In the Attitude Era, WCW and WWF didn’t market their shows to casual audiences. They fought over the hardcore fans; they guys who tuned into one show and flipped over at the promise of a hot angle or big match. The casual fans didn’t care, but they got suckered in because the enthusiasm among the hardcore fans was palpable. Appealing to the drive by viewers is foolishness, but it’s been WWE’s biggest problem since going PG.

~~~~~

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Raw needs an entire, ground-up, reconfiguration. It can’t keep relying on the same old hands anymore. After ten years Cena is a full-time legend. He can lose ten times in a row to a midcarder and still walk out onto some random Raw and start a world title feud, and no one would bat an eye. So why is he still going over guys like Kevin Owens and Rusev (this year’s big John Cena feuds)? Rusev beat him in February, so Cena went over in March, April and May. Owens went over him in June, so Cena beat him in June and July. Seth Rollins–the current top champion in the company–got a dirty win over him in August, and then spent the rest of the summer and early autumn getting beaten in non-WWE title matches. Why does Cena need such protecting? Cena is bullet proof. That’s just one example of how myopic the thinking is. The show is still stuck in 2009 and viewers are tired of it.

Why is it, as the ratings continued to crater, Vince thought what we needed was a Kane feud for the WWE title? Something is wrong with the company’s entire thought process when a decision like that is even suggested, much less followed through on. Don’t even get me started on wasting a Brock Lesnar match on Big Show last month.

It’s not hard to see why these decisions are being made: Vince is panicking so his solution is to put the company back on the shoulders of the old guard. He’s scared to give the ball to the young guys in case they flop so he sticks with the old reliable hands. He’s scared to take a risk, but also has no competitive pressure to take one either.

~~~~~

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So what can be done to “fix” Raw? Let me just offer one thing, though many more could be said. Right now, Raw lacks that one central babyface that the casual fan can relate to and the hardcore fan can support. That’s not to say one isn’t on the roster, but there isn’t one being pushed.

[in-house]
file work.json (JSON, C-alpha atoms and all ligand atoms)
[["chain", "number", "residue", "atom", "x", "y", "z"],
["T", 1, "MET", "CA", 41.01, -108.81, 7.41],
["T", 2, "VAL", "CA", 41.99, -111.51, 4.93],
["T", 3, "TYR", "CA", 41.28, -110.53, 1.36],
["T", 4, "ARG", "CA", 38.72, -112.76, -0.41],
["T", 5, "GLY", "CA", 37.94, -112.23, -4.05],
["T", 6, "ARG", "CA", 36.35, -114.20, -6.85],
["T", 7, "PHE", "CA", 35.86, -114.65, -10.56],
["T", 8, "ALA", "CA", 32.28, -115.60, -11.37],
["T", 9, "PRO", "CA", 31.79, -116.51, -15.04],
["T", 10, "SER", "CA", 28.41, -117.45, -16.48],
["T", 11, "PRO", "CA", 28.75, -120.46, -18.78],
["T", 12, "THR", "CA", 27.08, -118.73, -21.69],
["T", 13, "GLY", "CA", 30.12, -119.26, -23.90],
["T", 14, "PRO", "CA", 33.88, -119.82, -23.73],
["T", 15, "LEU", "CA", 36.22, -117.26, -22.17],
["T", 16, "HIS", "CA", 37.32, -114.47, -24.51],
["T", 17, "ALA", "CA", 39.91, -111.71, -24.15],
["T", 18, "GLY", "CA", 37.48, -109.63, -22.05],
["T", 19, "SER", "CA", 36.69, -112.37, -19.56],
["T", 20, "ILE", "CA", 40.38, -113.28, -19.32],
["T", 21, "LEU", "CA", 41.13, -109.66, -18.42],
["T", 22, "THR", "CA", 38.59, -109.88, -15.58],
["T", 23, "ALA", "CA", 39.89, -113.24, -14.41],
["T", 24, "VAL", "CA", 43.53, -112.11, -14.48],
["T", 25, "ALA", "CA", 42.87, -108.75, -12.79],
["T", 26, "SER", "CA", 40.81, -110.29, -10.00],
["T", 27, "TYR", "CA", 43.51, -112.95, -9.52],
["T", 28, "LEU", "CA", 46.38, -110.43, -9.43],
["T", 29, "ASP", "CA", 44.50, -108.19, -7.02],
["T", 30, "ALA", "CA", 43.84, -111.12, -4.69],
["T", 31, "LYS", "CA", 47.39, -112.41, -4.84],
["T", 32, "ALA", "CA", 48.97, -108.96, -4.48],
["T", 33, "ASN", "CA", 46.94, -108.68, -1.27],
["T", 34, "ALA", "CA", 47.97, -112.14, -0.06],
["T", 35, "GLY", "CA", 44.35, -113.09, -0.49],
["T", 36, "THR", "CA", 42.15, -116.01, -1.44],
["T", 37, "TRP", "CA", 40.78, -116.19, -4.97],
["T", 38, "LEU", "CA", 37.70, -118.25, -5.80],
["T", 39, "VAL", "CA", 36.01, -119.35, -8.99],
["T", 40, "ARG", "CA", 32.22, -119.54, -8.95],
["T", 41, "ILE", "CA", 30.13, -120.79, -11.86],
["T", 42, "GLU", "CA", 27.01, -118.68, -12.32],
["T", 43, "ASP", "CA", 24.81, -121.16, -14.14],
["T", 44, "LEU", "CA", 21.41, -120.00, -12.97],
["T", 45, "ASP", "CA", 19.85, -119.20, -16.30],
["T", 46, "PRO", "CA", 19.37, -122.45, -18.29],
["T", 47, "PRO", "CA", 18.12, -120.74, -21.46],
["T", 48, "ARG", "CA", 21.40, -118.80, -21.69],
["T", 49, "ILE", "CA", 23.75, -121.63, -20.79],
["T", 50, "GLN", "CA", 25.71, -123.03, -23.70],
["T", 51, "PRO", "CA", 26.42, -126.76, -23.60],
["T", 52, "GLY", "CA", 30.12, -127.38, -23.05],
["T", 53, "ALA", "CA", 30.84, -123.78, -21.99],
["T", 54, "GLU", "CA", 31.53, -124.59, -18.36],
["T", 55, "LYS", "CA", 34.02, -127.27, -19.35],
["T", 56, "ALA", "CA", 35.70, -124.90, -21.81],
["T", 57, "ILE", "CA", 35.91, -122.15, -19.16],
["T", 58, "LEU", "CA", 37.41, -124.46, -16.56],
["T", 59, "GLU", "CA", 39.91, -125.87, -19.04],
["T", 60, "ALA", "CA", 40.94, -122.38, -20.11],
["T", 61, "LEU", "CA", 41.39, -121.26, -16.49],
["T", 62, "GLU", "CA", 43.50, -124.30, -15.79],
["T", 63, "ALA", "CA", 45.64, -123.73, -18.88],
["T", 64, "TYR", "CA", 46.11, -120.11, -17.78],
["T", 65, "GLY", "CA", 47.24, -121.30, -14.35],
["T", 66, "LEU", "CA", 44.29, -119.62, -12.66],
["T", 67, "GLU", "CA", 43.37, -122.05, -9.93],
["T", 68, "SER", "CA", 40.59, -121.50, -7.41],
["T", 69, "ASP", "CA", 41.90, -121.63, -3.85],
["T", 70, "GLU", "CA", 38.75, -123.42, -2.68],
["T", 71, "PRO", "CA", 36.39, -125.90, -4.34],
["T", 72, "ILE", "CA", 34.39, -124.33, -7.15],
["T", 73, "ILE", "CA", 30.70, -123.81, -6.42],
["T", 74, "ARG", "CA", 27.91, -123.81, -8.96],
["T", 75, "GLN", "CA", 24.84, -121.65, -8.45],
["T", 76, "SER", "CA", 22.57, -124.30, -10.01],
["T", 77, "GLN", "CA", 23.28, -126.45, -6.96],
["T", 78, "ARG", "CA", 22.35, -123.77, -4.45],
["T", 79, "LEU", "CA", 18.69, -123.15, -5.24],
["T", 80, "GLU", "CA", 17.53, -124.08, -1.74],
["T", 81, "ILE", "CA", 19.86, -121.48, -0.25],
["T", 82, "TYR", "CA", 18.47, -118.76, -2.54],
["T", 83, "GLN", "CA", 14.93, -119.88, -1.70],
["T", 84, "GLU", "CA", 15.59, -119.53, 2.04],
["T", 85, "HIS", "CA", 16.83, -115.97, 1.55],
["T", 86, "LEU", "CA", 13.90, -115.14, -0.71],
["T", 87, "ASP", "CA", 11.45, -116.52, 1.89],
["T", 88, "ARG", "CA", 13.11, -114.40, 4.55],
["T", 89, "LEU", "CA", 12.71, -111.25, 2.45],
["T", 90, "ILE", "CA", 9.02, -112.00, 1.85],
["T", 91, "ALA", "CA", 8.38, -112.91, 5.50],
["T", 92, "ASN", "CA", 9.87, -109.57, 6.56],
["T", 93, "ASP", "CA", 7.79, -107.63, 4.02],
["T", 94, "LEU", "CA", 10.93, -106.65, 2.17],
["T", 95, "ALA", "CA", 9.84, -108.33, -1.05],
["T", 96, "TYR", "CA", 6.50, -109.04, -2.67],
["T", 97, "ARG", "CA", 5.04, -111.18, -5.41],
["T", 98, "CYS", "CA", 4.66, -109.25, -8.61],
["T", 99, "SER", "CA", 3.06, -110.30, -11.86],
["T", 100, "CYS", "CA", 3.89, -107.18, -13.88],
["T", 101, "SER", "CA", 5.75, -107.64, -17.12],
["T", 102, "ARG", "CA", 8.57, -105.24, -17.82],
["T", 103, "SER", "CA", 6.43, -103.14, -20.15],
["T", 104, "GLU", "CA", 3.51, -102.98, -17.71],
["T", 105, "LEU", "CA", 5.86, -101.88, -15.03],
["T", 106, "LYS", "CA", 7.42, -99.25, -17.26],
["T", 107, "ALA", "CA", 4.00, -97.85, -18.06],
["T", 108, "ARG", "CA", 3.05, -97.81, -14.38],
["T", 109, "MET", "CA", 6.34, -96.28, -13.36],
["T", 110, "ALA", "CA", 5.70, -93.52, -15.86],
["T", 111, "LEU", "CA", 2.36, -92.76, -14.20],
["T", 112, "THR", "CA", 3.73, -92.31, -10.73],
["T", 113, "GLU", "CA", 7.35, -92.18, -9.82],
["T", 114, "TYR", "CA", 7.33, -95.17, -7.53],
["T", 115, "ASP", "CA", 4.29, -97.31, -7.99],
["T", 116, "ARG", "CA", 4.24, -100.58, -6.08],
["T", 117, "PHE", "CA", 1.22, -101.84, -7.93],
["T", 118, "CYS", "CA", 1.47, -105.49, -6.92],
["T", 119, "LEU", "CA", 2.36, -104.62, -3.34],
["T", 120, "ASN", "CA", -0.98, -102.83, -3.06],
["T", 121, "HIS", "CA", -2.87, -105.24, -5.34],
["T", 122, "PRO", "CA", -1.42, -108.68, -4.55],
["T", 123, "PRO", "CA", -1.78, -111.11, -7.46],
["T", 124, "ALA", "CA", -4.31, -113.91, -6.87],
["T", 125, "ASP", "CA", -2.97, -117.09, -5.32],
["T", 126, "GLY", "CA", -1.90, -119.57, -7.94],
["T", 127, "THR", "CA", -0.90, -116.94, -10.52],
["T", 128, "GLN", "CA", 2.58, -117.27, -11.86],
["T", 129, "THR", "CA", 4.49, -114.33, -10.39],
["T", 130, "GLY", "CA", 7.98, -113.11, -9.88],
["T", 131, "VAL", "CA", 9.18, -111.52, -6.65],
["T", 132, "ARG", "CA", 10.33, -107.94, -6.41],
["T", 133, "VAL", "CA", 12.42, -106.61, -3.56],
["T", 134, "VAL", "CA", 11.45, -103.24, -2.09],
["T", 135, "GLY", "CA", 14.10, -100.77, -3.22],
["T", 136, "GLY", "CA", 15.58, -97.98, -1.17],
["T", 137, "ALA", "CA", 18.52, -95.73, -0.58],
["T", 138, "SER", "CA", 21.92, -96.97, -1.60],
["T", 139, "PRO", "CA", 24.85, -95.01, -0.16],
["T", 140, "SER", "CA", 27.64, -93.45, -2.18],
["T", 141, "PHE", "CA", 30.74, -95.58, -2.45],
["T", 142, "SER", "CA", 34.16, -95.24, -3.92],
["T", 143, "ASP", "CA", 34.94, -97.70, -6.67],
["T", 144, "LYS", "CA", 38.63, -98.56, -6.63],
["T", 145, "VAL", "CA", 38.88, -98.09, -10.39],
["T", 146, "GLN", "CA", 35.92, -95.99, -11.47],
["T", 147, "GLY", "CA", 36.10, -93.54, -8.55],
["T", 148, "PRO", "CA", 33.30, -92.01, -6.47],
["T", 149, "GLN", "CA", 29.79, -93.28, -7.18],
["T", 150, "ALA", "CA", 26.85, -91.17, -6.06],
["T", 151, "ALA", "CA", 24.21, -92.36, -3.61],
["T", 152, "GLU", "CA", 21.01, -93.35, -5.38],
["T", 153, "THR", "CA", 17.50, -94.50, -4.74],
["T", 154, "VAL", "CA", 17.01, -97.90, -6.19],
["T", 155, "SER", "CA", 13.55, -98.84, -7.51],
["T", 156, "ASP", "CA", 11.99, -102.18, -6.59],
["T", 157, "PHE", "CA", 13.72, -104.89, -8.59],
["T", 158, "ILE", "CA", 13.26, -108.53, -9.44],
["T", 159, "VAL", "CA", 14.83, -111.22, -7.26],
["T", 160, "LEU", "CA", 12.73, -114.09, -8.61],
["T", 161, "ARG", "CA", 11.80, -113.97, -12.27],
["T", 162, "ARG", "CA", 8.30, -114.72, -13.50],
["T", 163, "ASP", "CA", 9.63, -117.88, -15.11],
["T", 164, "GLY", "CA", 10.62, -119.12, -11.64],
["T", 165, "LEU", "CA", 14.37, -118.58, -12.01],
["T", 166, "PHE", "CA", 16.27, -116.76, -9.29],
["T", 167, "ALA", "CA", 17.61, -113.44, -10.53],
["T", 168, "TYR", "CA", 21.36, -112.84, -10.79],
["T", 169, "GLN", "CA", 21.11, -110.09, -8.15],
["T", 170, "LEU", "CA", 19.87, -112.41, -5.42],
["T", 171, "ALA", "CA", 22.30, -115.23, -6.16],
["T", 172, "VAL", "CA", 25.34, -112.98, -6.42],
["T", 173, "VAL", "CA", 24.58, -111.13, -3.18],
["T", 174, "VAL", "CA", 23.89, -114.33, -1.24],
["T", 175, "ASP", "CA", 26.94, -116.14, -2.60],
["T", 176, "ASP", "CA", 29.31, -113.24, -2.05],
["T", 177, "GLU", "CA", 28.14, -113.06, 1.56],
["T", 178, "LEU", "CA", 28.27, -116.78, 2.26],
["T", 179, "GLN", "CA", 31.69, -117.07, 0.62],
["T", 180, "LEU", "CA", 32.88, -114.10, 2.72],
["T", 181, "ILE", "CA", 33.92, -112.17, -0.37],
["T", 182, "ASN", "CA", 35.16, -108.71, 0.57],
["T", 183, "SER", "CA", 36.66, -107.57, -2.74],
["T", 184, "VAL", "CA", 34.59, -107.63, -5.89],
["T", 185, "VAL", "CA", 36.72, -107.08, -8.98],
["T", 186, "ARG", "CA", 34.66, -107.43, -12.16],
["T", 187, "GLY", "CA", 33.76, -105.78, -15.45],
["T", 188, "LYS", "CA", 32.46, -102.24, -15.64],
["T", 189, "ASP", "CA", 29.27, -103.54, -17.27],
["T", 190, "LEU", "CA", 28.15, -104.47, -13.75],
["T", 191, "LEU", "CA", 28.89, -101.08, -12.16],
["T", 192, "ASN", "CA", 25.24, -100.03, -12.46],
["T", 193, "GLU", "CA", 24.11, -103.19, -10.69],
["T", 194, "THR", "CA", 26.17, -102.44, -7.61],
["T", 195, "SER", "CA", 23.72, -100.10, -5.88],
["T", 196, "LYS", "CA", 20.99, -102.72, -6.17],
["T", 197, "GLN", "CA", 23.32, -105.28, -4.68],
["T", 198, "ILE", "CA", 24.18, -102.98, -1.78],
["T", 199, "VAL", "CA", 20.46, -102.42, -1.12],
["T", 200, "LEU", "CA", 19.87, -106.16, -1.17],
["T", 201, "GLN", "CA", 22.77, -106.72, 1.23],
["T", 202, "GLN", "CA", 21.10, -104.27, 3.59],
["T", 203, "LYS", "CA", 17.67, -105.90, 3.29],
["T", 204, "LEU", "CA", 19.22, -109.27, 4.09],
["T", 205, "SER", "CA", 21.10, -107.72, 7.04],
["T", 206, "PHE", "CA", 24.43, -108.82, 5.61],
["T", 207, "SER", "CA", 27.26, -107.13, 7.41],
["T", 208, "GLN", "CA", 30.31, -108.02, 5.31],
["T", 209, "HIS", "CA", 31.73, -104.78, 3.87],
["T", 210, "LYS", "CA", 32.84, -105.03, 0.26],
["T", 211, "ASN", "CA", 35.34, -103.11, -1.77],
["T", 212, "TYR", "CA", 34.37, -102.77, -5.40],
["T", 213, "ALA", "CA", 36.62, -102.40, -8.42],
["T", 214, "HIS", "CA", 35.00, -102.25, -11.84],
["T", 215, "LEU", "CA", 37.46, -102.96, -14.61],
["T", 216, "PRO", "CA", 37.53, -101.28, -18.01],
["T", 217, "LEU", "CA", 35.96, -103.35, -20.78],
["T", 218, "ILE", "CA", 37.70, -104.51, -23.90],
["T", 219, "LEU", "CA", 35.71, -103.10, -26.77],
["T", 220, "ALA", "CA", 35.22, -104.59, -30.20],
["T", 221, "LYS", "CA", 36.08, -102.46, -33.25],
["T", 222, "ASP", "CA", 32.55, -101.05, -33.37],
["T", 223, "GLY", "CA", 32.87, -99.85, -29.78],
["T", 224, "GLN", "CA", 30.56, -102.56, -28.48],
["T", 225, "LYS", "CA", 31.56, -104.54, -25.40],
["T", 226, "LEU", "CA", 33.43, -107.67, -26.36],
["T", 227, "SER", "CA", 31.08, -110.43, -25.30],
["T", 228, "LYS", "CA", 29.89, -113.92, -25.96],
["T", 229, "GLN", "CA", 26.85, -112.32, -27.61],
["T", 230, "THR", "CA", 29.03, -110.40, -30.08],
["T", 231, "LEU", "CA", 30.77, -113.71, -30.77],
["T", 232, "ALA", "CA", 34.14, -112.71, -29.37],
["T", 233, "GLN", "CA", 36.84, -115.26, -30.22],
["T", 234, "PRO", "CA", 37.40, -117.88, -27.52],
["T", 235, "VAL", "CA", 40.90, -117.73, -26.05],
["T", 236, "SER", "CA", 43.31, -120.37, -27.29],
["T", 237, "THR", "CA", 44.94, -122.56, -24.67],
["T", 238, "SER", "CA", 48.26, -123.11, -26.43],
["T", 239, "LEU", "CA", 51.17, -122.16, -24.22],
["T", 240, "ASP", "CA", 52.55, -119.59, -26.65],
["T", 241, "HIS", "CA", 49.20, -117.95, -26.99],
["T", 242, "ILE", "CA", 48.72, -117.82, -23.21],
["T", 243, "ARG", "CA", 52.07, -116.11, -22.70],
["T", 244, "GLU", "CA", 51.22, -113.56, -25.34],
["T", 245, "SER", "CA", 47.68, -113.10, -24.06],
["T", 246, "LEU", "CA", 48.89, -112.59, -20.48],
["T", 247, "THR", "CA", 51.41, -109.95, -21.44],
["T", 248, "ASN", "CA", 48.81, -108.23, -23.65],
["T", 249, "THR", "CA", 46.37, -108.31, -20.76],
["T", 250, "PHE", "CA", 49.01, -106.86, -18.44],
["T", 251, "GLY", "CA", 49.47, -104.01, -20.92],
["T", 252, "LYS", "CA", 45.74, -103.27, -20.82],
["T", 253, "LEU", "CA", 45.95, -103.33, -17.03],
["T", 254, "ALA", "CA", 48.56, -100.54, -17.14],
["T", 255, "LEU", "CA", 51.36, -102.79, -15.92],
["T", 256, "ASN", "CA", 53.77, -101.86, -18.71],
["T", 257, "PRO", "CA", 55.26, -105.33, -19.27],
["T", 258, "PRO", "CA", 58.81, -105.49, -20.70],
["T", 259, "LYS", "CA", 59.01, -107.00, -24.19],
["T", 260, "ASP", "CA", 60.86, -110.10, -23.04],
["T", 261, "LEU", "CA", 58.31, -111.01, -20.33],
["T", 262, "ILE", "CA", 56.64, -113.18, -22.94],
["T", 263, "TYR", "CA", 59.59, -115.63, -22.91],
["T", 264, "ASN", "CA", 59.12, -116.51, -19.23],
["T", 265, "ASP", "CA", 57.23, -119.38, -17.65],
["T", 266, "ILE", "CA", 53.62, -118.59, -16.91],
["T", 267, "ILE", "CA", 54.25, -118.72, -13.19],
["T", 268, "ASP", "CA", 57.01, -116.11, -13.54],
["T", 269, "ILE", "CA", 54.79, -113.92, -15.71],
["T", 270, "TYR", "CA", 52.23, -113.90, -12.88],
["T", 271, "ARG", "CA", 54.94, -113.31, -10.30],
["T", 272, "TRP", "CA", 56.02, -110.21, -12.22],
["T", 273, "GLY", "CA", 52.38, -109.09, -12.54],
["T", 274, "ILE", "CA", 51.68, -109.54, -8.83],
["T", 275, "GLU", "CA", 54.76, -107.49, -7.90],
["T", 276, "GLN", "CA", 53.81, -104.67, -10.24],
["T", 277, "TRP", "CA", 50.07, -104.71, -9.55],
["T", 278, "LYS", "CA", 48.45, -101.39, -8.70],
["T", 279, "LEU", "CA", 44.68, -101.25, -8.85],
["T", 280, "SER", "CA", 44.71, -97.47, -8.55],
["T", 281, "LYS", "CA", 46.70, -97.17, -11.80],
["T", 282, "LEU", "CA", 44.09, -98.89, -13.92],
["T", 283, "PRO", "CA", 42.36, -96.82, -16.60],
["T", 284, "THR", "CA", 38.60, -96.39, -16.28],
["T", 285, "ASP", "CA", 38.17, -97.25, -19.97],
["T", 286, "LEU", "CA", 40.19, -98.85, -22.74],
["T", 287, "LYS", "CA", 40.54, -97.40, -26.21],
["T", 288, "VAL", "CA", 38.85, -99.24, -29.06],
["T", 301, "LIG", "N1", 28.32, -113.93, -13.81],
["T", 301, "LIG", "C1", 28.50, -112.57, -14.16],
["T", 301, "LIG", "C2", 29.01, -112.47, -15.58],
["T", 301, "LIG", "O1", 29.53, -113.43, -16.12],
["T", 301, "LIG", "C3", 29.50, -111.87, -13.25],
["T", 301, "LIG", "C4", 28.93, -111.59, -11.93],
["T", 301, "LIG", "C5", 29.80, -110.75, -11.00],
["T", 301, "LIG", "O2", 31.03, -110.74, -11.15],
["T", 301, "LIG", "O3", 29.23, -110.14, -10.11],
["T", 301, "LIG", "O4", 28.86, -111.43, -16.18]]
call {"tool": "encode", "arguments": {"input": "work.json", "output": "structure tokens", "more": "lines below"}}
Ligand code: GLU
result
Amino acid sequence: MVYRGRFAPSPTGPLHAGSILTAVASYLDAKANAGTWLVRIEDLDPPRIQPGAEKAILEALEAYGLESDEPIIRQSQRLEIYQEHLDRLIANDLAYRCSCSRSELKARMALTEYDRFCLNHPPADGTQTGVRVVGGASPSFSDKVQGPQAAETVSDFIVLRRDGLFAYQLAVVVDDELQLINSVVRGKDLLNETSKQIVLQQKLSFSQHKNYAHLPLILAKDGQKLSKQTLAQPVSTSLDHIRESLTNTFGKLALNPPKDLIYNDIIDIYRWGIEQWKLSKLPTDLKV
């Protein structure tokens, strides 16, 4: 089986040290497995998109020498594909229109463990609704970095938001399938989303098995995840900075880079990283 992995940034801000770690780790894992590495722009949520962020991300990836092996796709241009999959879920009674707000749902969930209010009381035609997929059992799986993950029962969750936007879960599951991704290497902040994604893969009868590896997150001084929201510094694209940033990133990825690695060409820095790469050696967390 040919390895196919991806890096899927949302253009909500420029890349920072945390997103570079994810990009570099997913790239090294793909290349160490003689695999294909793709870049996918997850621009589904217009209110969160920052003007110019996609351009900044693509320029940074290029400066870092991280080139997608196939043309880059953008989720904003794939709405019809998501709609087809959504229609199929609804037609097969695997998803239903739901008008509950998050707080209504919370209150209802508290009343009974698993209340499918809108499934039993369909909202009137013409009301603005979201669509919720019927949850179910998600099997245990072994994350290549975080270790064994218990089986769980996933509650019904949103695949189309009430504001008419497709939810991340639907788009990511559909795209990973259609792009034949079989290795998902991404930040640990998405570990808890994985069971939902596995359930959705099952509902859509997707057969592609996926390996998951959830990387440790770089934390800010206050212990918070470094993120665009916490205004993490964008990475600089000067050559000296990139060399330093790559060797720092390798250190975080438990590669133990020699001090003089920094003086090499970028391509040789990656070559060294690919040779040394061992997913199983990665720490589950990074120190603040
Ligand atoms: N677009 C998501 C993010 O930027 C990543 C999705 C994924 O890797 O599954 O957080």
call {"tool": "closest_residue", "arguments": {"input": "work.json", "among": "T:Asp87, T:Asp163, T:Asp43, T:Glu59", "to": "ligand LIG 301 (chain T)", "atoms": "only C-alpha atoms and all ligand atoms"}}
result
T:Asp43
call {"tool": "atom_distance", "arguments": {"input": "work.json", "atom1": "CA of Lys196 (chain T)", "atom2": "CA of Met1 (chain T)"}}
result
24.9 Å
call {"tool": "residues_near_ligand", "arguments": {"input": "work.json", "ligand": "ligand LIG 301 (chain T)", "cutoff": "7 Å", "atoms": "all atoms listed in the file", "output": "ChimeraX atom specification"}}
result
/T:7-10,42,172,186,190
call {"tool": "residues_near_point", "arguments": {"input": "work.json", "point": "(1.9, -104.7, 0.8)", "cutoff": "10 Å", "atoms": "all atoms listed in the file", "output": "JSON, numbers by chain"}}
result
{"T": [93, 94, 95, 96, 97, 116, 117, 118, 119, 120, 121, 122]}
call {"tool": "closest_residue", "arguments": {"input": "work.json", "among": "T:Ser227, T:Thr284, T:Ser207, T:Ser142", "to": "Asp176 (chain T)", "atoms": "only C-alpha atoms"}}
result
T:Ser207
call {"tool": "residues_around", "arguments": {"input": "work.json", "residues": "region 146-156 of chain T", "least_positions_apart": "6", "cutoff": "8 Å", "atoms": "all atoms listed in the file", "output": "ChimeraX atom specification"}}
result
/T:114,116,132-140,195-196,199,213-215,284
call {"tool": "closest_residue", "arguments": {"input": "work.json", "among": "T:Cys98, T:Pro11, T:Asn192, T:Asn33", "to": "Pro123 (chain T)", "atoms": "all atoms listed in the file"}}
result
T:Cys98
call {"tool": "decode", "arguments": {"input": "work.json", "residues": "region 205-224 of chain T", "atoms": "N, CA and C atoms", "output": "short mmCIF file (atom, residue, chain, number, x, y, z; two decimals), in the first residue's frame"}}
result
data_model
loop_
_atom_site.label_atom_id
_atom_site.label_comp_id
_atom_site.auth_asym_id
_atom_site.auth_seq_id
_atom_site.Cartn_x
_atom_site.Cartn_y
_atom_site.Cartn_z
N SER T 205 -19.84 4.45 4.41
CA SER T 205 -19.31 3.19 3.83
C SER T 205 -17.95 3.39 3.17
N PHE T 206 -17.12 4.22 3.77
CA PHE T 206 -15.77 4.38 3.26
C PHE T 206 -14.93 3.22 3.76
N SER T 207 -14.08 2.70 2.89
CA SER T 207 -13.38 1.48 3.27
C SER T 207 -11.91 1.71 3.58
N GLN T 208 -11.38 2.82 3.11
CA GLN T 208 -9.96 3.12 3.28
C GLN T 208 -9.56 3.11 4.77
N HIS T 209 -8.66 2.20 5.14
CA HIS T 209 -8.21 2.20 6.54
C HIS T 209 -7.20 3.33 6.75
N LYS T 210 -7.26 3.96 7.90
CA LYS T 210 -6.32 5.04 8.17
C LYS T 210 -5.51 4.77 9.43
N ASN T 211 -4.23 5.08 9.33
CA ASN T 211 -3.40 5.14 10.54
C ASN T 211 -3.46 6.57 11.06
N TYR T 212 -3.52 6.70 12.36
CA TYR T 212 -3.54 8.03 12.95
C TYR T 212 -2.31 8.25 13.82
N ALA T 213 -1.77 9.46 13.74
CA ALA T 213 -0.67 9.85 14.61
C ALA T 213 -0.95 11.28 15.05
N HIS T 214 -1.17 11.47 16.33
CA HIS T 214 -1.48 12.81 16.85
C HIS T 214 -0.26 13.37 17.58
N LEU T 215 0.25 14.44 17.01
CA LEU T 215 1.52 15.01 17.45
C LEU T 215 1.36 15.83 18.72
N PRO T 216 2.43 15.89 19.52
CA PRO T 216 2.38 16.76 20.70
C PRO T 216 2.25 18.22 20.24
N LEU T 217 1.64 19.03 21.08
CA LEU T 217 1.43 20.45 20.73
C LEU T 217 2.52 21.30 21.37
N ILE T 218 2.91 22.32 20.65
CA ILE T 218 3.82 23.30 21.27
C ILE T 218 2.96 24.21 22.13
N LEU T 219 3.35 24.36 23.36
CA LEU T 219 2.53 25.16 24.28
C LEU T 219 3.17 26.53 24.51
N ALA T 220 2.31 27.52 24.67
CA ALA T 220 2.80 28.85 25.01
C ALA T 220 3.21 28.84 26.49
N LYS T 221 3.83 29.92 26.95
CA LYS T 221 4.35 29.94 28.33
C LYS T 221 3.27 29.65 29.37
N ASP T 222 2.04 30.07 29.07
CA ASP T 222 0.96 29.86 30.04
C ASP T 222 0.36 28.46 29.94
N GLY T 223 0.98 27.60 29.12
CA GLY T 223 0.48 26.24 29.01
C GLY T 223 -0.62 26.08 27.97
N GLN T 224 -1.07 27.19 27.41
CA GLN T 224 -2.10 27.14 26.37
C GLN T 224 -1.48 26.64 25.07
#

Seth Rollins is the champ and he’s a heel. So who is the babyface he’s feuding with that’s supposed to capture my attention? Kane? John Cena? Roman Reigns? Roman is the next one up, and while his responses have been so much better than they were at the start of this year, he still lacks the natural charisma on the mic that a top babyface needs to carry the show.

This is maybe the biggest area where the modern show fails and where the Attitude Era succeeded. The Attitude Era had one central story that concerned the main event. There was a clearly defined heel antagonist and babyface protagonist. The rest of the show was an undercard of entertaining gimmick-acts, each with their own well-defined characters and motivations, feuds and storylines. But while the midcard was well-defined, the bread and butter of the show was Austin vs McMahon and later Rock vs McMahon/Helmsley. There was “one story” that you could follow. The rest of the show was a collection of sideshow acts to keep you entertained in the meantime.

Granted, NXT doesn’t have a single protagonist/antagonist storyline right now either, but the nature of that show is different. On NXT you only see certain stars once or twice a month so there isn’t one story that carries the show but two or three.

Still, whether it’s two or three or one big one, a show needs something to hook the viewer and right now Raw has none of it.

And if nothing changes, Raw won’t just have record low ratings for Raw, it’ll have low ratings period. And then it won’t be Vince, but USA Network that will have a decision to make…